MBF dice (“Martial Base Fitness”)
There are certain martial movements so fundamental that someone who doesn’t drill them, it could be argued, is not a martial artist at all.
I have an entire program called MBF (“Martial Base Fitness”) that’s designed to make sure you have a firm foundation in these essential exercises. Click here to order your copy for $9.99 — it even comes with some handmade dice to add an element of randomness and fun!
Two of the MBF movements are going to form the “Take ‘Em Down” half of this week’s T.I. For the second “Put ‘Em Up” half we’re going to be putting up our dukes against a heavy bag.
Take ‘Em Down and Put ‘Em Up: Martial Arts Training Involution #186
- Warm-up thoroughly for at at least 8 minutes. I like to do 2 minutes each of jump rope, light calisthenics, shadowboxing, and dynamic stretching (never stretch static when cold).
- Full pyramid to 7 of Shots and Sit-Outs. Perform 1 Shot and 1 Sit-Out, then 2 of each, 3 of each, etc. up to 7. Then do 6, 5, 4, etc. down to 1. That’s 49 Shots and 49 Sit-Outs. Modify as needed based on experience and fitness. Beginners, sub Russian Squats if and when you gas on the Shots. Experts, after every Sit-Out go to plank position and complete a Push-Up, then go straight to the next rep (no resets). Take as few 12 count breaks as you need in order to finish. If you don’t know how to do a wrestling Shot or Sit-Out, looks like you need my program!
- 3 rounds on the heavy bag. Go all in — punches, crams, braces, palms, kicks, knees, etc. — and all out for speed and power. Beginners run 2:00/1:00 rounds, intermediates 3:00/1:00, and experts can skip the round breaks and take three 12-count breaks max.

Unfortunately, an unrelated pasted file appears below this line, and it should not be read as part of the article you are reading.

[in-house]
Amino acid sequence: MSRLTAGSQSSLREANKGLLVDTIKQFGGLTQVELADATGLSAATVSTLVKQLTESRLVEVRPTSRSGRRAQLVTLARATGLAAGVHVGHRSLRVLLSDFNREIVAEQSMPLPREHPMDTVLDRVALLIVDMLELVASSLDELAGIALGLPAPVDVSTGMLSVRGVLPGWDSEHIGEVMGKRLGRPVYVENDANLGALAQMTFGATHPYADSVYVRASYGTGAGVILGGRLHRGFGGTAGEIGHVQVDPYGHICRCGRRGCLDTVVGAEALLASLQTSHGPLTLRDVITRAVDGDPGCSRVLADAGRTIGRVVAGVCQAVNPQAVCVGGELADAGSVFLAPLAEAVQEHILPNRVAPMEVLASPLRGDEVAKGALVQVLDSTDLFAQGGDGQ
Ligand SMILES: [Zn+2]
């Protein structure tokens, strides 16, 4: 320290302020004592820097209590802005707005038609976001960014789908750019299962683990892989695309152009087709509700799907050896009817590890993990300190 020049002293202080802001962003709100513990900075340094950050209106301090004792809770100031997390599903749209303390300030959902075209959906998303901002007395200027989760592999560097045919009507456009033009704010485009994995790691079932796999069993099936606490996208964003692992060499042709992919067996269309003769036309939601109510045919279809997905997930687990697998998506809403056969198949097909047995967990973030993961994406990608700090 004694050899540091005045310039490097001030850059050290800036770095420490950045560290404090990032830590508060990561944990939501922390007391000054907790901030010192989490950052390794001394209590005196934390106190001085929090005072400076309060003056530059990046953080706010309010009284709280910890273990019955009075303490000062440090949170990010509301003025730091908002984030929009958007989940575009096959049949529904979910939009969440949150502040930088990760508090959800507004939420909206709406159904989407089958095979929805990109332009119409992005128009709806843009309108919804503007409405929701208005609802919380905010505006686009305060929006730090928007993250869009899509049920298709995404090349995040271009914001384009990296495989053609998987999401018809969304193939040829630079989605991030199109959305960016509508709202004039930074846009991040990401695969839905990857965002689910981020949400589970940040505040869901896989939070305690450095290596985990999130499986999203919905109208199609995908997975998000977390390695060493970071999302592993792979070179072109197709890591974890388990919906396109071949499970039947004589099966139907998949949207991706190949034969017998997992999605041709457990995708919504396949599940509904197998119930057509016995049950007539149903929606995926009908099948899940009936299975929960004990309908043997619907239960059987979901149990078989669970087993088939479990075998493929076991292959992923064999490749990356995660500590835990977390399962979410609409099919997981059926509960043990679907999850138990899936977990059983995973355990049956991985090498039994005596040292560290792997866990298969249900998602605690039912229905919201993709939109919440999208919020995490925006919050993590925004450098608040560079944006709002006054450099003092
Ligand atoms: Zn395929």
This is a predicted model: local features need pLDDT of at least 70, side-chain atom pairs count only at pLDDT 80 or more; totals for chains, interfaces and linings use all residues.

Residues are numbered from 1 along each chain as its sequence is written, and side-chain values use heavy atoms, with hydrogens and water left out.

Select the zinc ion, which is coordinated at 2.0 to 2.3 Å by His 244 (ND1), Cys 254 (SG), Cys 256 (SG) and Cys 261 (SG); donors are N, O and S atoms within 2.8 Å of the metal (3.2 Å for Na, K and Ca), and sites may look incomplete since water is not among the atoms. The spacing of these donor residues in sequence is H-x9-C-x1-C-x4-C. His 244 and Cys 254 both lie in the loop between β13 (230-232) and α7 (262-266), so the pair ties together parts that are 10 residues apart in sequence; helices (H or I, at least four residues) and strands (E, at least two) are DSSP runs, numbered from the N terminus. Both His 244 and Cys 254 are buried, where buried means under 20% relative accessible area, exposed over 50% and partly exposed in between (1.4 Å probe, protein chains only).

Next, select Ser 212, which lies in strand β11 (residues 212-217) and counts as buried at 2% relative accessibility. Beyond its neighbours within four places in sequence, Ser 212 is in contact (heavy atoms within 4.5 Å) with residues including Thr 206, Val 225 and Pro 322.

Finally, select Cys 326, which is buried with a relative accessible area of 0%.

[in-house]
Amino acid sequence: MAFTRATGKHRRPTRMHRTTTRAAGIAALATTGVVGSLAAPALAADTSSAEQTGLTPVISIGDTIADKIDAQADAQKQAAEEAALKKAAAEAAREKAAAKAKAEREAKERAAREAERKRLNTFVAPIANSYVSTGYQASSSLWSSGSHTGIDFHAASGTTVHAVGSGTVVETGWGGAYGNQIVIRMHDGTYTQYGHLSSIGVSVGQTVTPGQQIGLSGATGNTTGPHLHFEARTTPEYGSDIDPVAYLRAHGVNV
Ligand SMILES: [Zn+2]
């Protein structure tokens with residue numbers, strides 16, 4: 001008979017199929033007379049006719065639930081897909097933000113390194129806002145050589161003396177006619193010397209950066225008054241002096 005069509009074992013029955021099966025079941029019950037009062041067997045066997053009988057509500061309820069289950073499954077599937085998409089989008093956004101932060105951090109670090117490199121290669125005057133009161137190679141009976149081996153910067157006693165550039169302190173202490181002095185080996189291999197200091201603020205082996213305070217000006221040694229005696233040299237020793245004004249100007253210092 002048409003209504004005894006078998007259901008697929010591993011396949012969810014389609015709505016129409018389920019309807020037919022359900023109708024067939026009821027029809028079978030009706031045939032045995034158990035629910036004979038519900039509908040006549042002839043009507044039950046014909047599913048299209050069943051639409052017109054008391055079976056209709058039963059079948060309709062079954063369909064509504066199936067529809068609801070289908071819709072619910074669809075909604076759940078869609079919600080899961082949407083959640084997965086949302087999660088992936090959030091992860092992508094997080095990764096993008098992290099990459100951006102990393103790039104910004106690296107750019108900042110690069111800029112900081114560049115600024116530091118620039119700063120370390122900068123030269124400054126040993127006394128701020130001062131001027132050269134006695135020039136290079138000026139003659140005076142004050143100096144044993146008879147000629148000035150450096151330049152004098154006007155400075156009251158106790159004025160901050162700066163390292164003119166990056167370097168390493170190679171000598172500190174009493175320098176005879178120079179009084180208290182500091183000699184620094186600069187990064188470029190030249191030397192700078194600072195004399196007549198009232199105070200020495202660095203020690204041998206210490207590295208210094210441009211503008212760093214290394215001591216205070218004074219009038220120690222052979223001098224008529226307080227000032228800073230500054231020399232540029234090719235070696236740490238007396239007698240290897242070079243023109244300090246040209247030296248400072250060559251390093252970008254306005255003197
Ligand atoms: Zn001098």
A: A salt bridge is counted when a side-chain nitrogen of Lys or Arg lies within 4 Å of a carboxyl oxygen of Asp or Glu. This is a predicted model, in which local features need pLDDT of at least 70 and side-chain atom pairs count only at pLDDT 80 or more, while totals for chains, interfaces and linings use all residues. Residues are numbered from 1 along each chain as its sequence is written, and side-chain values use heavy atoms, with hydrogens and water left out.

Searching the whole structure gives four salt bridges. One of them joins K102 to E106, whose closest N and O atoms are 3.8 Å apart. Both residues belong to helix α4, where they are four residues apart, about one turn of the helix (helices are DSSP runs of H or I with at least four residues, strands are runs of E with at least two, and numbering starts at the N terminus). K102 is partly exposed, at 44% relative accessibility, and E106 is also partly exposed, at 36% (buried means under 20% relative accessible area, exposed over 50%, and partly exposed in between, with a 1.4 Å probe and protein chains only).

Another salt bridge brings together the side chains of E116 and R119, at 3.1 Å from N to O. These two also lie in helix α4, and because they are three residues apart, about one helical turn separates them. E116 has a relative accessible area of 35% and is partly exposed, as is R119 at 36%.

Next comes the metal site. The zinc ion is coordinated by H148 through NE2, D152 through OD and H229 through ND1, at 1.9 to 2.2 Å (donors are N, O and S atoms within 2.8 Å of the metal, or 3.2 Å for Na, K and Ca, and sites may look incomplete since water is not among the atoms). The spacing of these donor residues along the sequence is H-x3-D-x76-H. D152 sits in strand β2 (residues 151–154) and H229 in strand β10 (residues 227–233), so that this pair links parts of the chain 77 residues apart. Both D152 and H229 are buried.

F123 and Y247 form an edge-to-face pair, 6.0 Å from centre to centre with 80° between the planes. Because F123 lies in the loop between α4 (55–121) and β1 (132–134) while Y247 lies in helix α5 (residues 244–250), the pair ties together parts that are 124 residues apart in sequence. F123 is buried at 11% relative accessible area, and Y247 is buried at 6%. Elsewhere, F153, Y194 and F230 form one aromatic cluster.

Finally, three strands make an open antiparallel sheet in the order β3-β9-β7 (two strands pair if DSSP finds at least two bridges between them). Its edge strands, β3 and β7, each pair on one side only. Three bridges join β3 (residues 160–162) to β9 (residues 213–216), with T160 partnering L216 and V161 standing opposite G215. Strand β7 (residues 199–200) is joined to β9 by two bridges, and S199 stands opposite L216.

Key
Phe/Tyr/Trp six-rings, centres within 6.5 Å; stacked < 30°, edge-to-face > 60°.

- 10 minutes of meditation or contemplation. After you cool down — for about 3 minutes or until your heart rate is below 100 bpm — have a seat and do 10 minutes of internal work.
If you enjoyed his training involution you’d probably enjoy my books. Why not check one out?
Over the years I’ve talked a deal about the importance of introducing randomness into martial arts training. Although some things seem to mesh better with linear progression training, like lifting weights (for me at least), introducing some randomness into training has real benefits.
One of the benefits you get from introducing randomness in your martial arts training is the ability to deal with the unexpected. Chaos is really annoying. But its real and you to learn to handle it.
Here’s an overview of what is and is not random in my training regimen these days.
Solo martial arts practice (four days/week). I select random martial arts focuses by pulling labeled Popsicle sticks out of a pile. Why not roll dice? I want some randomness, but I need to cover all bases. This method insures that, assuming I get through all the sticks in two weeks, I never get rusty at anything.
Running (twice per week). I roll dice using the following program. I have no idea if I’m running 3 miles for pace, half a mile as fast as I can, shuttle runs with a weighted vest, or what-have-you.
Extra calisthenics (whenever I feel like it). I use PTDICE. I have a few sets left. Email me and I’ll sell you a set for $15 postage paid.
Martial base fitness dice
Popsicle sticks for selecting martial focuses
PTDICE — over 8 million random calisthenics workouts!
Various dice for generating random meditations and other Cabal Fang training ideas
Group martial arts training. We stick with one martial concentration and one constitutional (a 7 exercise deep calisthenics routine) for a full month before switching.
Weights (twice per week). Still, I rotate out all exercises every 6 weeks. Here’s some info about LPs.
Grip training (5 days/week). Heath/maintenance 3 days/week, pushing limits 2 days/week. I’ve written a lot about this over the years, but recently I’m getting better results more safely. More to come soon.